Biologists at the University of London carried out an exceptional field study into bumblebees exposed to two commonly used agricultural insecticides.
They sought to mimic what happens in a real-life setting, where different crops are sprayed with different pesticides at different dosages and times.
Because bees get their food both from sprayed crops and wild plants, such variations make it hard to calculate the insects’ total exposure to the chemicals.
In addition, very little is known about what happens to bees once they return to the colony after foraging, possibly passing on pesticide-laden food to larvae.
A team led by Richard Gill monitored 40 bumblebee colonies, tagging 259 bees with radio frequency identification (RFID) to time exactly when the insects left home or returned.
The colonies were divided into four groups.
Three were allowed to access feeder boxes, set up in the path of their nest boxes, that had a sugary syrup spiked with imidacloprid insecticide and/or a filter paper laced with another agricultural chemical, gamma-cyhalothrin.
The bumblebees were not constrained to visit the treated material — they could forage freely in the surrounding landscape for pollen and nectar.
The fourth group of colonies was a “control” or comparison group that did not have the feeder boxes.
In the colonies exposed to imidacloprid, fewer adult workers emerged from larvae and a higher proportion of foragers failed to return to the nest, the investigators found.
In those exposed to gamma-cyhalothrin, there was a higher death rate among worker bees.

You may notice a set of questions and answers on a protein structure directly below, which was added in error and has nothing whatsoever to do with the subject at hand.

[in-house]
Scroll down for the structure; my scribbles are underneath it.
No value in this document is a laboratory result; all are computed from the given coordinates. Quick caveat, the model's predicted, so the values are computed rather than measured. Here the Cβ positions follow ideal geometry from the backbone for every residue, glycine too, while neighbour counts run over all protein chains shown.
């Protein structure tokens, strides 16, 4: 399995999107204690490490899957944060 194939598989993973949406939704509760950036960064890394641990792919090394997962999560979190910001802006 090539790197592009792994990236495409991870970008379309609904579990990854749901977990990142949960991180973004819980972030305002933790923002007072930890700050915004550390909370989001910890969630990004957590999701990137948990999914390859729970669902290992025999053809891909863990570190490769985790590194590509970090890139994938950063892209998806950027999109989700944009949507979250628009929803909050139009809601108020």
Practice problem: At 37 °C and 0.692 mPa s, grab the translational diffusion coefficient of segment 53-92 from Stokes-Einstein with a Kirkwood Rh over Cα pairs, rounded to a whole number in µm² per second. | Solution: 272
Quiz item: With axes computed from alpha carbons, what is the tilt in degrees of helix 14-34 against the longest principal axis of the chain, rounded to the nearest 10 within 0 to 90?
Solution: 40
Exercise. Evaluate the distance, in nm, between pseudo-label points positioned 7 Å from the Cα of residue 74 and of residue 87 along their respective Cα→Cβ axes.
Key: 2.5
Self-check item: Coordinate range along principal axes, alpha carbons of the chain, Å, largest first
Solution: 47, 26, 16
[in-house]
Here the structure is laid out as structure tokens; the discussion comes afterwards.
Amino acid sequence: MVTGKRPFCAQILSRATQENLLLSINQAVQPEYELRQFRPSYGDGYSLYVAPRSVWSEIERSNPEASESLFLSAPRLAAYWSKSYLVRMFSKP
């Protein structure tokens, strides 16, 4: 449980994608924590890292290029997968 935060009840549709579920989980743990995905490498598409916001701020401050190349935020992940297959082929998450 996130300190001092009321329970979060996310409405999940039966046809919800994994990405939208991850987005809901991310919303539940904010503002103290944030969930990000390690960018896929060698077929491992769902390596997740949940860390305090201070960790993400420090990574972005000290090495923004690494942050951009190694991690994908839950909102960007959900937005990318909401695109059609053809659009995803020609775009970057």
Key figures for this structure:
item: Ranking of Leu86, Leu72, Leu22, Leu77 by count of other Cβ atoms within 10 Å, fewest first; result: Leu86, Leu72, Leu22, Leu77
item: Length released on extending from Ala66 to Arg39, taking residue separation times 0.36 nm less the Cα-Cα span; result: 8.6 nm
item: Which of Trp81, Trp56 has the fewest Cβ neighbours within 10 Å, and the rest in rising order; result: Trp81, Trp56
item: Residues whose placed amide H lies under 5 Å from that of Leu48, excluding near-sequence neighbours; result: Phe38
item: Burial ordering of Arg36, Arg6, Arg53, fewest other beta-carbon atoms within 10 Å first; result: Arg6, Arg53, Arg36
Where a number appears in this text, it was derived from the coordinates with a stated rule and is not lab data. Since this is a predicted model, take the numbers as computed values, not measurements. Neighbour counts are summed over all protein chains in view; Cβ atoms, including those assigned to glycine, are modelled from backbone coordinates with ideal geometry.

And colonies that were exposed to both kinds of pesticides were likelier to fail.
The experiment was exceptionally long and detailed, the scientists say.
It lasted four weeks, whereas current guidelines test pesticides on bees for only up to 96 hours.
In addition, it looked at what happened when bees were exposed to two chemicals at the same time and at the changes in a colony’s social structure.
“Our findings have clear implications for the conservation of insect pollinators in areas of agricultural intensification, particularly social bees, with their complex social organisation and dependence on a critical threshold of workers,” says the study, published in Nature.
Beekeepers in Europe, North America and elsewhere are worried by so-called colony collapse disorder, a phenomenon which has been blamed on mites, a virus or fungus, pesticides or a combination thereof.
Bees are vital because they account for 80 percent of plant pollination by insects. Without them, many crops would be unable to bear fruit or would have to be pollinated by hand.
Another big concern is for honeybees given their commercial value.
Bumblebees too are important pollinators, but their colonies are far smaller than those of honeybees, usually with just a few dozen workers, which made it far easier for Gill to follow them.
Outside scientists who commented on the study hailed its innovation but noted that bumblebees could not be directly compared with honeybees, as they were biologically different.
“This new work adds another substantial boulder to the rapidly growing mound of evidence which now points to a significant and worrying impact of these chemicals on our wild bumblebees,” David Goulson, a professor of biology at Stirling University in Scotland, told Science Media Centre.
But, he cautioned, the impact remains “rather poorly understood.”